To the best of our abilities, members of the group adhered to Saunder's (2007) advice regarding primary data collection and sampling procedures. In retrospect, however, and having read much more on data collection, I would have approach the procedure differently. In the first place, in order to ensure the reliability and validity of the primary data, I would have requested permission to audio-record the interviews from the respondents. Not only would this have preserved the respondents' answers as given, rather than their subsequent, possibly biased, reinterpretation from interview notes drawn up by the researchers, but would have evidenced the validity of the data. Further to that, I would also followed Miles and Huberman's (2005) advice concerning the establishment of construct validity. Insofar as the aforementioned necessitates the establishment of a chain of evidence throughout the data collection process, audio-taping the interviews would have been important. It would also have necessitated presenting the respondents with a copy of the study for their review and the verification of information through several sources of information. This process is, needless to say, infinitely more time-consuming than that which we adopted for the purposes of this study and, definitely more complex. Nevertheless, given the extent to which it would have contributed to the validation of the study and allowed for the generalisation of its findings, I would have chosen to adhere to this strategy.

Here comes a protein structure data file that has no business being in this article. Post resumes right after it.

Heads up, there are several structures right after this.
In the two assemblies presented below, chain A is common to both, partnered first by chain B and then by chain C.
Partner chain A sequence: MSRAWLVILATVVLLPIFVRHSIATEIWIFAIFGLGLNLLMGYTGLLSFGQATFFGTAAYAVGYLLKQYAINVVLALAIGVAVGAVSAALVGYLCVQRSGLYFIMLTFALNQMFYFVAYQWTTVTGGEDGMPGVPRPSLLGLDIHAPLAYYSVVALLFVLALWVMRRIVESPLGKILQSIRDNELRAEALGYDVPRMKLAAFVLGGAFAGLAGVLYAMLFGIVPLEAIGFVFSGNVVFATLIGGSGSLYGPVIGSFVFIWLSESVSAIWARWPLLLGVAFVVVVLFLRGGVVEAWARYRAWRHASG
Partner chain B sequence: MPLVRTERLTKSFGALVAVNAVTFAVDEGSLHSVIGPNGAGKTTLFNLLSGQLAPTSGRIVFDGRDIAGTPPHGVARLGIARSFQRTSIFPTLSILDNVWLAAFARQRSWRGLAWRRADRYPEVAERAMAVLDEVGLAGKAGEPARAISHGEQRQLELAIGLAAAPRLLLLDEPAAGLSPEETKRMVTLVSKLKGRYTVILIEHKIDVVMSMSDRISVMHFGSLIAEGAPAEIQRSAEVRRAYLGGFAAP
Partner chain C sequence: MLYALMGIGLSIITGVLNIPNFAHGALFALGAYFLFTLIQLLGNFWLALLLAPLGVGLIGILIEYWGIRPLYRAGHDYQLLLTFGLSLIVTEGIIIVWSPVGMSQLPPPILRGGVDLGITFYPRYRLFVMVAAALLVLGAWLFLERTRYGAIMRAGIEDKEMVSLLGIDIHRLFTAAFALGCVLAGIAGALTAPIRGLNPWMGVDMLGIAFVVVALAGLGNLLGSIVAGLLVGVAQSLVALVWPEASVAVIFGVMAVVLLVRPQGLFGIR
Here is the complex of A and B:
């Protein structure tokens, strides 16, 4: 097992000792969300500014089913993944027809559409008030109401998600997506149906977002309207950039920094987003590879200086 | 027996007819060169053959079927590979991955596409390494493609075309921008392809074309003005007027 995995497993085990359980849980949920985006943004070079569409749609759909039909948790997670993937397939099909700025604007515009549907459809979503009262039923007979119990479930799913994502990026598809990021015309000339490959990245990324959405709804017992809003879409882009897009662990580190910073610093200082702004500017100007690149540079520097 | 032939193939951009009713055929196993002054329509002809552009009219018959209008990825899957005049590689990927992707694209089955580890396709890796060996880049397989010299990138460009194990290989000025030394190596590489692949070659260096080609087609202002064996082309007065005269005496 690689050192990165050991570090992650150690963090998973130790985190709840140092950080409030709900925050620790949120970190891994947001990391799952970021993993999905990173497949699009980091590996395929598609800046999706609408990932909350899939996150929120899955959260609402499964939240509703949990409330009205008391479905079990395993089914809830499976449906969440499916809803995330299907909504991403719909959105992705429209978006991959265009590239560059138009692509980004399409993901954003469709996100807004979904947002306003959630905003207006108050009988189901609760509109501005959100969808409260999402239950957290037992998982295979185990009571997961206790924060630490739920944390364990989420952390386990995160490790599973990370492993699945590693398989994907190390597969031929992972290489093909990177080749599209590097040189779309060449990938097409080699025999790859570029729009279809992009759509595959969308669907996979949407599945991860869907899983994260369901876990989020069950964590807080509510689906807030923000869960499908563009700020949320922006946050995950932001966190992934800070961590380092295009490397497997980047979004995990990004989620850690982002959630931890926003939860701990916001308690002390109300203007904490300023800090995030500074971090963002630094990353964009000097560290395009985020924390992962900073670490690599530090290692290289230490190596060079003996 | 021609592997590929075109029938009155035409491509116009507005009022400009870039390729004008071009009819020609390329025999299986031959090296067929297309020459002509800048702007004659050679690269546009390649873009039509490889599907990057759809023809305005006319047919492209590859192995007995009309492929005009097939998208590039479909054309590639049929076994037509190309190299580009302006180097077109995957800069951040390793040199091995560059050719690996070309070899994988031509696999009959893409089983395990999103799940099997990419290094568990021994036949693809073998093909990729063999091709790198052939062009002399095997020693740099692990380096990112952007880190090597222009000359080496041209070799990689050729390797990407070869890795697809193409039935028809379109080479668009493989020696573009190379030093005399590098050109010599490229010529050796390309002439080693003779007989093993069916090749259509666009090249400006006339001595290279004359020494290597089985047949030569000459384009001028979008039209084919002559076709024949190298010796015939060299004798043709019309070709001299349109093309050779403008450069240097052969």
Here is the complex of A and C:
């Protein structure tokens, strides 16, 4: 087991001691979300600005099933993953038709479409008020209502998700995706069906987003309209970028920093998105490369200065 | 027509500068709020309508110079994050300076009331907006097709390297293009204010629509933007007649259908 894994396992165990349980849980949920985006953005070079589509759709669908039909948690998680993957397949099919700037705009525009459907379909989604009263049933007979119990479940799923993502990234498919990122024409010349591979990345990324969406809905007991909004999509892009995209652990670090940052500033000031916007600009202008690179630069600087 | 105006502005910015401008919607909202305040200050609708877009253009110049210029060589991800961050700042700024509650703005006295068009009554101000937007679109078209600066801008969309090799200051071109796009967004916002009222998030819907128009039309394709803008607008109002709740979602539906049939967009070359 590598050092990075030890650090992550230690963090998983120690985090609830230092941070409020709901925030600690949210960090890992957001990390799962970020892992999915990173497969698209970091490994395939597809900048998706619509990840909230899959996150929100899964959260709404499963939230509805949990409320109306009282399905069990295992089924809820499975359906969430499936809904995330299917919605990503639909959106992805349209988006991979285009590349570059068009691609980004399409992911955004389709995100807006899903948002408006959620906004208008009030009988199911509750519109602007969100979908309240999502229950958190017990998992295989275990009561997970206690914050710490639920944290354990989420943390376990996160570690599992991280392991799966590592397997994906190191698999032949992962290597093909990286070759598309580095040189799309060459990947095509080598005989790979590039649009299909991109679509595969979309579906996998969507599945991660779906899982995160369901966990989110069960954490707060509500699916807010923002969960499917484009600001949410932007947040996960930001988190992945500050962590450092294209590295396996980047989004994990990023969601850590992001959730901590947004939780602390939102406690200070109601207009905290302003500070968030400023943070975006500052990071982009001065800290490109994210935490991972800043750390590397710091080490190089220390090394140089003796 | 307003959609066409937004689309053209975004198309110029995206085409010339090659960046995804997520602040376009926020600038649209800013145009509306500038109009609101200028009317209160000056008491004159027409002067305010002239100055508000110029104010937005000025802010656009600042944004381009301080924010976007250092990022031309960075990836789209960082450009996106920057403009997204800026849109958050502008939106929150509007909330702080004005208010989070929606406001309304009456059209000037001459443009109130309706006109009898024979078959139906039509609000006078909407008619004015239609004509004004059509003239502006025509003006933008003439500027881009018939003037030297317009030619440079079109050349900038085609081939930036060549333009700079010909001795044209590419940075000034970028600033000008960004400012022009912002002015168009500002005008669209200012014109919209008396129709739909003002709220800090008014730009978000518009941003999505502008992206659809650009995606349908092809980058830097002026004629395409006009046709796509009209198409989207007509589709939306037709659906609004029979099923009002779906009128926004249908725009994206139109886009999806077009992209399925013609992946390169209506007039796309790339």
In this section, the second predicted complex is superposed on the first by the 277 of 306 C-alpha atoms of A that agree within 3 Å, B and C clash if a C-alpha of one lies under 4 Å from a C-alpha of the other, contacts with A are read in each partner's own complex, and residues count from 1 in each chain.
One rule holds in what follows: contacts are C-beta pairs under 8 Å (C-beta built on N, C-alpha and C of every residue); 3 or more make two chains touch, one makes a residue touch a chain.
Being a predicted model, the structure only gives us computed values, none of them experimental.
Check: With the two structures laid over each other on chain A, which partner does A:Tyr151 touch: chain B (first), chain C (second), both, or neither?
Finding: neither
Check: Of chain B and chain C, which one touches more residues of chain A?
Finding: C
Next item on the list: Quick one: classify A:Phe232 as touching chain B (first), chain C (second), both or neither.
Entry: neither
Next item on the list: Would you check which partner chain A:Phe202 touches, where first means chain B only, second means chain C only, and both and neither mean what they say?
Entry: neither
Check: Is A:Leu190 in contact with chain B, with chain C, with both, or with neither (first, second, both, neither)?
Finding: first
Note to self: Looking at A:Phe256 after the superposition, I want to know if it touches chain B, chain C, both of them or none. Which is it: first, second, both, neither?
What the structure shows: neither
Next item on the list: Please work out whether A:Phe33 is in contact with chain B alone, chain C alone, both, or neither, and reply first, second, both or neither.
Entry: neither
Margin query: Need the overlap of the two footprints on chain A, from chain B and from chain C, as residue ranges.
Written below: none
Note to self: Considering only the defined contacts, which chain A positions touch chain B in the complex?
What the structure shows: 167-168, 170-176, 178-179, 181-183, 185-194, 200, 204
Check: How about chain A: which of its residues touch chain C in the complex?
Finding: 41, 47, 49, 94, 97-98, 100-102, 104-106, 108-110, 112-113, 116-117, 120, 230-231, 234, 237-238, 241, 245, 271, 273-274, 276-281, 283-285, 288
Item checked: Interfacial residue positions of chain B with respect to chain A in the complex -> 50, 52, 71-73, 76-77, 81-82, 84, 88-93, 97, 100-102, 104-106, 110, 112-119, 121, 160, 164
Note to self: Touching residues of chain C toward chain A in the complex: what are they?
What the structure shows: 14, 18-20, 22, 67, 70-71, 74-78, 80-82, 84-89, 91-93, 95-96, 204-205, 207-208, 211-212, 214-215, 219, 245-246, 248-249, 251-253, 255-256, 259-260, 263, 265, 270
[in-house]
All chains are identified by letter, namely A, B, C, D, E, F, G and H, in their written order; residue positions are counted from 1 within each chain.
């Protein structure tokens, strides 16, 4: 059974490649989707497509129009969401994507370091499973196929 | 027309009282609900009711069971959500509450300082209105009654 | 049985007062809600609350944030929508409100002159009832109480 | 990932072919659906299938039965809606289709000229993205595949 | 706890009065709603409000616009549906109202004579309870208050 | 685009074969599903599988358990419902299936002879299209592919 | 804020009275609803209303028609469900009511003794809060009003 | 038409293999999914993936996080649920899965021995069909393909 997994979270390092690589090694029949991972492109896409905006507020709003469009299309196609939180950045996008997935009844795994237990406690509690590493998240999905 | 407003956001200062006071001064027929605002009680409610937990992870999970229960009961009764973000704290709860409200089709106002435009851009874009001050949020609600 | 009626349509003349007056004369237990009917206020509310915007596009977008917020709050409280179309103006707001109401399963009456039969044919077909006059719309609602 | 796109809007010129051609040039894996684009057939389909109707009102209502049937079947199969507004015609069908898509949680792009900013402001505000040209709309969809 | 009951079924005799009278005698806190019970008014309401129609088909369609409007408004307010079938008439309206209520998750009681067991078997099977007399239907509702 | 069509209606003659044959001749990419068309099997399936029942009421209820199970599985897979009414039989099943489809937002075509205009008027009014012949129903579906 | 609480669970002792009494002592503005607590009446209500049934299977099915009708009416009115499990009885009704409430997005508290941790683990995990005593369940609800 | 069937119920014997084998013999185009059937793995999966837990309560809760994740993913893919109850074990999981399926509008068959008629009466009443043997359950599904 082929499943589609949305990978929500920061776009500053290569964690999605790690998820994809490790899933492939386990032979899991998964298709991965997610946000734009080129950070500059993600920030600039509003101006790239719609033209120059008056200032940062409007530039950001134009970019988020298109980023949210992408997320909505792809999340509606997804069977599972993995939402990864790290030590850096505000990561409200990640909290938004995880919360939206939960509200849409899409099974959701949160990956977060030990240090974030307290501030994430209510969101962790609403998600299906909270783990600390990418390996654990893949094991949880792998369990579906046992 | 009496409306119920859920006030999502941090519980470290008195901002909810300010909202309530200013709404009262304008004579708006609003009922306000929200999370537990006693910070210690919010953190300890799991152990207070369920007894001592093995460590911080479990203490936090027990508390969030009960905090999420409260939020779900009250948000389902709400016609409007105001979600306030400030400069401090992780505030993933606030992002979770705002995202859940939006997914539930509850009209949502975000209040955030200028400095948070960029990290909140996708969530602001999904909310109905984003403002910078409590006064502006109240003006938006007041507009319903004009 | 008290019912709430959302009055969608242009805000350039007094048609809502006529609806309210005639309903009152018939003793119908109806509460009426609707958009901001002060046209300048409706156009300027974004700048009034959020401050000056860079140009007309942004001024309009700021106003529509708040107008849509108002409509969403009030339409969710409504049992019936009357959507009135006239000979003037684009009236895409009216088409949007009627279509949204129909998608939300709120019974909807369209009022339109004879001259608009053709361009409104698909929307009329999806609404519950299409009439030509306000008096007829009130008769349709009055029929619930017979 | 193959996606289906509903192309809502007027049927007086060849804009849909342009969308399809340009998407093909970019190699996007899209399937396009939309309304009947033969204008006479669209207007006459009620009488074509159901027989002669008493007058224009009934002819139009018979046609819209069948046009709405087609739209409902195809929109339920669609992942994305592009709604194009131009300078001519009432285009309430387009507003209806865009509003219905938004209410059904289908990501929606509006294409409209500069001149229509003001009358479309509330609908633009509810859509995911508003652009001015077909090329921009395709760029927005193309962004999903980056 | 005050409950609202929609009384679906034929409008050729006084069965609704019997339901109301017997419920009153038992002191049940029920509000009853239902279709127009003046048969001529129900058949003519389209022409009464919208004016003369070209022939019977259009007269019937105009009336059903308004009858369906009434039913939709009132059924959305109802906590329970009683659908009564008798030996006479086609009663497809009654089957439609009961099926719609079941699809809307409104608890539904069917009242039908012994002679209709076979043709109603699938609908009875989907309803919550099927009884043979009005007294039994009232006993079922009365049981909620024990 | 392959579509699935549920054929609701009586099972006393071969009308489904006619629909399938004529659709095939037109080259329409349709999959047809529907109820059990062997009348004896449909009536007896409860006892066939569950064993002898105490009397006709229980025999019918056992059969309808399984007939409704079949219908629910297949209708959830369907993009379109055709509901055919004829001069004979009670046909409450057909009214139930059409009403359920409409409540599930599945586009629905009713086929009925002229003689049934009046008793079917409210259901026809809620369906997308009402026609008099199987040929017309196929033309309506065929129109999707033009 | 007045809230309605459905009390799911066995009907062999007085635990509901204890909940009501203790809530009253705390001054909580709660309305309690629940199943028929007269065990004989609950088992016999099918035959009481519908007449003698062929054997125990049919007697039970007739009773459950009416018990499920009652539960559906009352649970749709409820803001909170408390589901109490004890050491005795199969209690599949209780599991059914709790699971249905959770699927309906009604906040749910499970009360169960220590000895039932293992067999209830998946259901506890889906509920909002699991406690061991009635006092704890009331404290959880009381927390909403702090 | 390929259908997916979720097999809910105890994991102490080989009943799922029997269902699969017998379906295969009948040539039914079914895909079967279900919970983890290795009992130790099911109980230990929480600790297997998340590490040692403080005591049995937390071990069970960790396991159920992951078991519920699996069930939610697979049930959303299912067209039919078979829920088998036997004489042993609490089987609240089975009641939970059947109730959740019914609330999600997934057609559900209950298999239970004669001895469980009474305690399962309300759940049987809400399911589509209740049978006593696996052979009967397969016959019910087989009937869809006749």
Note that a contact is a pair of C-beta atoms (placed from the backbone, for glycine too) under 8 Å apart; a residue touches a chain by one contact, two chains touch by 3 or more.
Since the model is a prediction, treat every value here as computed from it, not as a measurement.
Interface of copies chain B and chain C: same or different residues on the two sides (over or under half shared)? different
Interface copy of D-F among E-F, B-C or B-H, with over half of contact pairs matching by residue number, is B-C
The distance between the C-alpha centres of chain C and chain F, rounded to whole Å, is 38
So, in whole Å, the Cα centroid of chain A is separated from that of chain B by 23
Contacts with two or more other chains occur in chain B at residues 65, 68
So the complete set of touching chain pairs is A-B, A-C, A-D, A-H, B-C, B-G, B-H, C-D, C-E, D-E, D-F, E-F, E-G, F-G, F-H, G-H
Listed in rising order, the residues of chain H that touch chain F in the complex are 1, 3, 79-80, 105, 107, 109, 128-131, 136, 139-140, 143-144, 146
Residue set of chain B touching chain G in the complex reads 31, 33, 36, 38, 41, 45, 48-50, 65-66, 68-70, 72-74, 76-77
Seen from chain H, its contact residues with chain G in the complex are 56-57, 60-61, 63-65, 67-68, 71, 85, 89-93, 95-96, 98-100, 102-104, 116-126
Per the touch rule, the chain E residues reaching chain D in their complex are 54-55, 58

Working as part of a team is complicated and, more often than not, a source of extreme tension. It entails trusting a part of one's grade, one's future, to others and, by no means, is this easy to do. Therefore, even though all the team members did their part and none were left holding the slack of others, I personally prefer doing my work myself. For this reason, I had no objections whatsoever to the workload assigned to me by the group leader, despite the fact that it somewhat exceeded the work load assigned to other team members. As a matter of fact, considering that I wanted to achieve the highest grade possible on the team project, I actively welcomed any work assigned to me, knowing that I will do my best to ensure that it meets with the highest standards possible, at least to the best of my ability. It is, thus, that I took responsibility for critical sections in the literature review; more specifically, I researched and wrote the parts ob coffee shops and Fairtrade products. I also was responsible for designing and completing the time-table, writing the interview permission letters required for the purposes of gaining permission to conduct interviews with employees of fair-trade companies, processing the primary data using SPSS, answering all the objective questions and finalising the work of other team members. As I noted at the outset, I often did more than my share but I did it on a voluntary basis as, quite honestly, the more work I did for the project, the more reassured I was regarding quality. Given that, from my perspective at least, the work submitted by other group members displayed substantial effort and high quality, I have to admit that the problem lies with me. I have not yet learnt to